Speaking of Grant Achatz, molecular gastronomy, and high-level trickery in the kitchen, “Modernist Cuisine,” a 40-pound, six-volume, 2,438-page collection was recently published. The $625 book was created over several years by a team led by Nathan Myhrvold, the former chief technology officer for Microsoft, at a cost of untold millions.
Yesterday’s New York Times had a review by Michael Ruhlman that was full of enticing descriptions of what the book contains, including “exciting reports from the testing kitchen on what is happening to a roast in the oven as the skin dries out and the water just below the surface hits boiling temperatures; why braised food tastes better the next day and dried beans sometimes never seem to get tender (try cooking them in distilled water); the crucial role of humidity in the oven and its impact on baking; and the real reason to rest meat (because dissolved and degraded proteins thicken the juices, not that the juices redistribute, chefs’ stock answer).” The book sounds like great fun to me.
Despite Ruhlman's enthusiasm for the book, he finds faults with it. Thanks to technology's magical tricks, Myhrvold has rebutted the review online. You can read it here.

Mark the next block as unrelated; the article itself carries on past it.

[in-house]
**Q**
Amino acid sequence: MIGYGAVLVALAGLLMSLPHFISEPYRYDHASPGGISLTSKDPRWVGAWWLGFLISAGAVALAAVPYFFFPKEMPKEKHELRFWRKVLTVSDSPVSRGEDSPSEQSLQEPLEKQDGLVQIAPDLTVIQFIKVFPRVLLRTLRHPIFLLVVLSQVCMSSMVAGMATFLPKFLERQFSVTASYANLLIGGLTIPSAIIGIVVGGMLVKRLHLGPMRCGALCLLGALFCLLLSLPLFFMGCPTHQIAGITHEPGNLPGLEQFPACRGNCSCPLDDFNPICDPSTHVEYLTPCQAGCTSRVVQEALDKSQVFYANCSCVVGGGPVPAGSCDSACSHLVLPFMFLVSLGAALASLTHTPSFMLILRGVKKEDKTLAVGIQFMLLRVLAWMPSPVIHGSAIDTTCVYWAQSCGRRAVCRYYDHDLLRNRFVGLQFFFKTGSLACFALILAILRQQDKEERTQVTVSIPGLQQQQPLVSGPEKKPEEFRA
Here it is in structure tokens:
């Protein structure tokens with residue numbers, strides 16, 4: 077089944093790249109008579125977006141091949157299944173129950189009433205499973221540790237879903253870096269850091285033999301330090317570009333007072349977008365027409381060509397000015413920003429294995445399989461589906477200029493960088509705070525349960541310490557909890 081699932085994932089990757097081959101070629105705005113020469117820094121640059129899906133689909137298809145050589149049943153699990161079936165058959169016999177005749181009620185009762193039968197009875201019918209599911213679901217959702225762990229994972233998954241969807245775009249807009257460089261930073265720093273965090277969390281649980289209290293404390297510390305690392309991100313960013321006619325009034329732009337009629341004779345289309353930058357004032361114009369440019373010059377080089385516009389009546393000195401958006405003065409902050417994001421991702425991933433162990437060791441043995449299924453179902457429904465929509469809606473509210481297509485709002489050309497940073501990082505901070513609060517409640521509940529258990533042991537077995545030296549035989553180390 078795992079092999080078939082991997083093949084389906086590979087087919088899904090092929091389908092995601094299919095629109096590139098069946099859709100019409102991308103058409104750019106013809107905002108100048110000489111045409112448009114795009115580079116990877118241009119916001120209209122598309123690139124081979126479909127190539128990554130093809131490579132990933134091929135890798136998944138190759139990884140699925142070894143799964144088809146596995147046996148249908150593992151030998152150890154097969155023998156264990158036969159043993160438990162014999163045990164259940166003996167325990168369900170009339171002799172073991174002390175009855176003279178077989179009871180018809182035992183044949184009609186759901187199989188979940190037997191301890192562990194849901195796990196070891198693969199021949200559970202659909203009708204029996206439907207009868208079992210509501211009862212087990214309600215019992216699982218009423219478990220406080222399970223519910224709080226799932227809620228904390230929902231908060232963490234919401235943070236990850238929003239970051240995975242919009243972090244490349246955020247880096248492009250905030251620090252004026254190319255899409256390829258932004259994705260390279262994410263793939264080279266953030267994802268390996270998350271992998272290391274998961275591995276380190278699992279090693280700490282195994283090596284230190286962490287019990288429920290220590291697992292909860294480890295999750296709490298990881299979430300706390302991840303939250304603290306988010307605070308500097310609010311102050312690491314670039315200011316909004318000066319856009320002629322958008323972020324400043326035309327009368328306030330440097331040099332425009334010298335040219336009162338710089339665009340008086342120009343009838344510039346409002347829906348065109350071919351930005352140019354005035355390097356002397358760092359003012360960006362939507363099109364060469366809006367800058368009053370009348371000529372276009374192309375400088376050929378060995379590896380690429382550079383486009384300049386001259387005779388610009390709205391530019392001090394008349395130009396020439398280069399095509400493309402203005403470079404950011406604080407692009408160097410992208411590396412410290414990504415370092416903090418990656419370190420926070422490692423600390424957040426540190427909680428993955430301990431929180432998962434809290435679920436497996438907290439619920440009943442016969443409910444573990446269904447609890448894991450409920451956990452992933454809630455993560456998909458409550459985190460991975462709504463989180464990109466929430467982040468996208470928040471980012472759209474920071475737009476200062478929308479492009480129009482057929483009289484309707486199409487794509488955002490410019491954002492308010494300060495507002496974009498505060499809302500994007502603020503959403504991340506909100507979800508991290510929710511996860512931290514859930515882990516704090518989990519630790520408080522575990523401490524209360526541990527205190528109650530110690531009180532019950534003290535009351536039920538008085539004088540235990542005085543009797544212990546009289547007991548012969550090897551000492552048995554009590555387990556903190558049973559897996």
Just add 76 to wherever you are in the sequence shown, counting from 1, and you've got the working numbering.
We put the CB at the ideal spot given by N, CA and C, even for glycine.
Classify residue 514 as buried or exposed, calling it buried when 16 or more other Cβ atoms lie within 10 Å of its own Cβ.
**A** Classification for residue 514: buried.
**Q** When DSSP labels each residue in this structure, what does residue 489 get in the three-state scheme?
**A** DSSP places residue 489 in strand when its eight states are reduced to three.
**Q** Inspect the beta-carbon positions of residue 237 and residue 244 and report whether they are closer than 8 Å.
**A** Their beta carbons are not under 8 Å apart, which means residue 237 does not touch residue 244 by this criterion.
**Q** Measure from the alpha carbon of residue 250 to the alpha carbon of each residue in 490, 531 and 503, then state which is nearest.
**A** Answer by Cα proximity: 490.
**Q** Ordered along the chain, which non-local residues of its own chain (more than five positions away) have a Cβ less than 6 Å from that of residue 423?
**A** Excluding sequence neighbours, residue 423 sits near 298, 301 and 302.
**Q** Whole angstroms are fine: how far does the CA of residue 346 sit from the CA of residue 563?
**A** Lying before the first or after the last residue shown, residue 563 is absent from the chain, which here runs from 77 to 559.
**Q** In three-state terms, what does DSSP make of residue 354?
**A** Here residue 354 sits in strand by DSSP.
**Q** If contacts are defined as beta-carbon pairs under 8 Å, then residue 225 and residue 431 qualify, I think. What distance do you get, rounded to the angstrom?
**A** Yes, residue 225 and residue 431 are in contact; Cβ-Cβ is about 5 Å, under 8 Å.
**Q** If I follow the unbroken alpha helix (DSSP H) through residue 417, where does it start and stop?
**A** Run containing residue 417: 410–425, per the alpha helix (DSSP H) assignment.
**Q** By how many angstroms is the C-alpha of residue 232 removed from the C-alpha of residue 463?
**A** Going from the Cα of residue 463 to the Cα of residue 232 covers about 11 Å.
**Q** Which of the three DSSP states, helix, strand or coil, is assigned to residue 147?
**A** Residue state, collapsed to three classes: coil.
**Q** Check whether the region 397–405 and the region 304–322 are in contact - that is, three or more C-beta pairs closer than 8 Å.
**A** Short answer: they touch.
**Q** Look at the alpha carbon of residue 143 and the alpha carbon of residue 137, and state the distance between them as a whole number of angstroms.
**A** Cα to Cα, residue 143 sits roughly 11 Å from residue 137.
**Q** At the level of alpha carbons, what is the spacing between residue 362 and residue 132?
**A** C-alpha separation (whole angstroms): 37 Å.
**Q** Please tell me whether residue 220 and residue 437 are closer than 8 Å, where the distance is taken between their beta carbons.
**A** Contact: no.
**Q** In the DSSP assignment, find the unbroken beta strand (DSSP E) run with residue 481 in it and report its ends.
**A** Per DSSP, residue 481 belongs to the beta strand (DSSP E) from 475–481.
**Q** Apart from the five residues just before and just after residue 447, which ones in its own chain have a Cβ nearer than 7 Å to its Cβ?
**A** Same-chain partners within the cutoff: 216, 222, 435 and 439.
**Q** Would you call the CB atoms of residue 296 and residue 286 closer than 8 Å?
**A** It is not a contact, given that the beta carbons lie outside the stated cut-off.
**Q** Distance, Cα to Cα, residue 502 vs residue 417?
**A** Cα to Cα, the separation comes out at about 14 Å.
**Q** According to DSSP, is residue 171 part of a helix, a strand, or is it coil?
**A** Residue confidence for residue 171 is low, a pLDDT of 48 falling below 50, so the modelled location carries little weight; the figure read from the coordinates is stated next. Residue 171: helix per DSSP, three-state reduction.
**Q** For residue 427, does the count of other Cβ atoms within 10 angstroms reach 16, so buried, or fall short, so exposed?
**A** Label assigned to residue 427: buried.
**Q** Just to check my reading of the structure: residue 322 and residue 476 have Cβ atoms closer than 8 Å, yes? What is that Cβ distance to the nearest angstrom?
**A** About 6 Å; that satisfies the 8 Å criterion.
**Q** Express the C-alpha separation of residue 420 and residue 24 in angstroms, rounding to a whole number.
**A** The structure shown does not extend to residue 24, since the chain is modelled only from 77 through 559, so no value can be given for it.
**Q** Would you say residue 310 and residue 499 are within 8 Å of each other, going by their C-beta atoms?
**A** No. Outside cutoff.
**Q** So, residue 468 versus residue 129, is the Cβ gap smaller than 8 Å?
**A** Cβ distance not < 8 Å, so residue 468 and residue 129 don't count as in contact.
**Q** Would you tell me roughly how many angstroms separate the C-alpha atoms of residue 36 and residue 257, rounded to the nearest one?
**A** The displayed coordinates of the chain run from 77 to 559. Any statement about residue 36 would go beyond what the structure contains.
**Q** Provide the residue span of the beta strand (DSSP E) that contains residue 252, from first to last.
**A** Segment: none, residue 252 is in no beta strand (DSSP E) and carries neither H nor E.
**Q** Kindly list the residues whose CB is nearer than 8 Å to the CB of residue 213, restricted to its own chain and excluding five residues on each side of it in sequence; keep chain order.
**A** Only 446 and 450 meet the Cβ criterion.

Not to fall too deeply into the rabbit hole debating high-tech cooking, I want to mention something that my kids have been up to lately. No they haven’t been doing a sous vide on their chocolate bunny crackers, but they have been asking me to “play tricks on them.” Chiefly this consists of me flipping them upside down on the bed when they least expected it, much in the way Cato used to attack Inspector Clouseau in the old “Pink Panther” films.
Last night the tables were turned, though. Pinta announced her hunger with an exaggerated roar, and played a trick on me, pushing me from behind as I made my way to the kitchen to cook dinner.
Here's a link to Clouseau and Cato battling it out in "The Pink Panther Strikes Again." I would have embedded it, but some technological trickery has prevented me from doing so. Video is here.